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Proplend Gets Authorization From FCA For P2P

Proplend, the P2P lender, announced Thursday (March 2) that it has been granted full authorization from the Financial Conduct Authority (FCA) for peer-to-peer lending, paving the way for the launch of its Innovative Finance ISA.

In a press release, Proplend said the P2P lending platform connects investors directly to creditworthy borrowers, which not only enables investors to earn good returns, but borrowers can get access to funding that it says wouldn’t be available otherwise.

“After a comprehensive approval process, we are delighted to have reached this significant milestone. The granting of full authorization demonstrates to current and future investors that Proplend’s regulatory and operational infrastructure has met with the highest standards demanded by the FCA,” Brian Bartaby, founder and chief executive, Proplend, said in the press release.

According to the company, Proplend offers lenders the ability to invest across up to three loan to value-based risk tranches, with all of the loans supported with the security of a first legal charge over an income-producing U.K. commercial property.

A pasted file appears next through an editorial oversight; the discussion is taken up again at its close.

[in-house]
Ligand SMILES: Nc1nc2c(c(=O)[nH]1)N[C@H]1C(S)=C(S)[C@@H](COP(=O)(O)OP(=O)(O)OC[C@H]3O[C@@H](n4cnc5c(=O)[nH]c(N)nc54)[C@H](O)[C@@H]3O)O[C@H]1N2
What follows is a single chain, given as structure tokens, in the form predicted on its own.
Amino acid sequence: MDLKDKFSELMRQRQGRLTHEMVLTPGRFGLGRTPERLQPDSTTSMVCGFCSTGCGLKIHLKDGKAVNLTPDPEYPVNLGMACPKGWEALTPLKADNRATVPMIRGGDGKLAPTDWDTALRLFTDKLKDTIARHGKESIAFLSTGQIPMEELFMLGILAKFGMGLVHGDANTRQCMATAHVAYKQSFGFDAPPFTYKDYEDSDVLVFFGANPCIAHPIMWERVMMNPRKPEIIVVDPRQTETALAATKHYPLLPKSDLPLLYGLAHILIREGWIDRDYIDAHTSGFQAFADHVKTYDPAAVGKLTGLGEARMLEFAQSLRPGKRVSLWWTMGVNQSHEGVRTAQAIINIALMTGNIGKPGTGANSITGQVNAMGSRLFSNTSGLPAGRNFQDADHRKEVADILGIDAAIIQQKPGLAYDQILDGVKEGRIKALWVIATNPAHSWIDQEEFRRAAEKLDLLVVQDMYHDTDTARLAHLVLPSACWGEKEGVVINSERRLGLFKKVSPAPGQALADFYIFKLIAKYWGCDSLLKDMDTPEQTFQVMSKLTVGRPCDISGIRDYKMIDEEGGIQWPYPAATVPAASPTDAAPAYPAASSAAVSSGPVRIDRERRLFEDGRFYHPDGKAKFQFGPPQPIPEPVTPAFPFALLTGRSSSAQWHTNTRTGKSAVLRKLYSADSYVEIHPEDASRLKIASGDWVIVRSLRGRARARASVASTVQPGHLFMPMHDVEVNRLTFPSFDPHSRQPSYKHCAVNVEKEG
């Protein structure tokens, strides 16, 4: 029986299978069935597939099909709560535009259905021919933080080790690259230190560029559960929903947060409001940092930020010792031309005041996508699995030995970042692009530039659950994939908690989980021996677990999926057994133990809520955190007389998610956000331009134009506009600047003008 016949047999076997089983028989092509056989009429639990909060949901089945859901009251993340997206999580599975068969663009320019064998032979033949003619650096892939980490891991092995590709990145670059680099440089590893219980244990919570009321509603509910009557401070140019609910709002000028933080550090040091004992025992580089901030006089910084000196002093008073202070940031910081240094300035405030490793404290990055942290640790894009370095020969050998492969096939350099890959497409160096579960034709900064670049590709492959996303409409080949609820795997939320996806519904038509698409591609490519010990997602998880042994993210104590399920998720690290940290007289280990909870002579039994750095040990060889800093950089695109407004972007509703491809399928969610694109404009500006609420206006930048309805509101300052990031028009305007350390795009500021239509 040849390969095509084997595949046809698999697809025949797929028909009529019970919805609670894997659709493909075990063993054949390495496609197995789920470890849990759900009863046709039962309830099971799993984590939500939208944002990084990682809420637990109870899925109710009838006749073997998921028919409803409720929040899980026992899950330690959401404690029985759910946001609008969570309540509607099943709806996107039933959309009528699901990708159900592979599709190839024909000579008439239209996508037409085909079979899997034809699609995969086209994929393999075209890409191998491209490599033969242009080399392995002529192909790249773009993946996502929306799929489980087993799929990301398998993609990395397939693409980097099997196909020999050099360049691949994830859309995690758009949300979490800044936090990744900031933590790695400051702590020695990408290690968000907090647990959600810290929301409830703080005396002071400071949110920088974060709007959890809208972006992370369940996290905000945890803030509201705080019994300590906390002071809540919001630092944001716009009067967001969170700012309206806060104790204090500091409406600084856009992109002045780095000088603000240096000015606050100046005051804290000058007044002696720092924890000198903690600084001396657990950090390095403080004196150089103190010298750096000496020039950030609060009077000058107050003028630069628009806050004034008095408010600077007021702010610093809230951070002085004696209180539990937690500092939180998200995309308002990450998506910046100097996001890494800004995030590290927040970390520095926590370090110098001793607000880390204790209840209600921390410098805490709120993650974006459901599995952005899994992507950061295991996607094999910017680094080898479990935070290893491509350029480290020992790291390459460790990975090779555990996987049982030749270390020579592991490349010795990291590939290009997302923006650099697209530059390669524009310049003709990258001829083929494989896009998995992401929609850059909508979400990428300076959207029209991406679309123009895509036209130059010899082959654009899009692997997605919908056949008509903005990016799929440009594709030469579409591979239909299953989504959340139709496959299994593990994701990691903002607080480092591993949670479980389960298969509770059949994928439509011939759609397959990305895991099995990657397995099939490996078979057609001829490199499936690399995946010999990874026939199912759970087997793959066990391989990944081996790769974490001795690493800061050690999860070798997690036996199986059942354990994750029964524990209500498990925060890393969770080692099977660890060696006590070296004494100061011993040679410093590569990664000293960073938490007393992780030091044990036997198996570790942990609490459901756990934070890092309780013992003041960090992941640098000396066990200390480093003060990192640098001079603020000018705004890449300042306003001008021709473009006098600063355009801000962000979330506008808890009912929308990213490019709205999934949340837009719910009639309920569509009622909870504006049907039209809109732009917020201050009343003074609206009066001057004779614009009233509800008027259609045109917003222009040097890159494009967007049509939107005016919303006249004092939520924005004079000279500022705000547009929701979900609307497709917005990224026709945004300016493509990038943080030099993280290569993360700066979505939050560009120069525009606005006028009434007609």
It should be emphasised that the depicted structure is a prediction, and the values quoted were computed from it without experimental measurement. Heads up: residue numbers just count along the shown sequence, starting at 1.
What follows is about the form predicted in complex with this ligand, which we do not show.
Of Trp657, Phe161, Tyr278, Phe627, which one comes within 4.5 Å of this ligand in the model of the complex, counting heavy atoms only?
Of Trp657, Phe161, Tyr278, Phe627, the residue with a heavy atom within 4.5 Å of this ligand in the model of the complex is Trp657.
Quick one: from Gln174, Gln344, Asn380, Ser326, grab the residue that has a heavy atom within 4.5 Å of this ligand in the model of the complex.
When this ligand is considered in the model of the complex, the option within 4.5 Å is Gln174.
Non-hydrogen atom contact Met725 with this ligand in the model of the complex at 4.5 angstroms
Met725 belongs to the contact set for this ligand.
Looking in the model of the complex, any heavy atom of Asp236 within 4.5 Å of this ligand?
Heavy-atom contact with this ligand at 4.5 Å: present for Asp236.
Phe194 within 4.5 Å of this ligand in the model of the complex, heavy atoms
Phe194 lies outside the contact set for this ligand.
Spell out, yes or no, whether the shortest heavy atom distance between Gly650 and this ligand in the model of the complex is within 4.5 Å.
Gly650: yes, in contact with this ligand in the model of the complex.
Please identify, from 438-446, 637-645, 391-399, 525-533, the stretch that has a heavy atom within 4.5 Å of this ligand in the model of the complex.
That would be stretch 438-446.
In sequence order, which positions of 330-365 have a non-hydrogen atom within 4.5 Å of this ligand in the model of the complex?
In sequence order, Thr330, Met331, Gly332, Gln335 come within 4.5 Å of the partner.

“We believe that the rates of return offered in even our lowest-risk Tranche A (0-50% LTV) will prove very attractive to ISA investors in the persisting low interest rate environment,” the CEO noted.

Proplend said the next step is to submit an application to HMRC to become an ISA manager and offer the Innovative Finance ISA. The P2P lending platform has been up and running for three years.

The move on the part of Proplend comes at a time when the FCA is warning P2P lenders that they may be running afoul of certain laws if they lend money to finance companies that turn around and lend money to their clients. In a letter to U.K. P2P lenders, the FCA said if borrowers engage in that act without getting regulatory permission to accept deposits, they would be in breach of the FSMA and may possibly incur a criminal offense.

“Where a loan-based crowdfunding platform facilitates the acceptance of deposits by a borrower that does not hold the correct permission, that platform would not be acting in a manner consistent with our expectations for regulated firms and may be in breach of certain regulatory requirements; in particular, Principle 6 (Treating Customers Fairly) and threshold conditions 2E (Suitability) and 2F (Business Model),” the FCA wrote in the letter.

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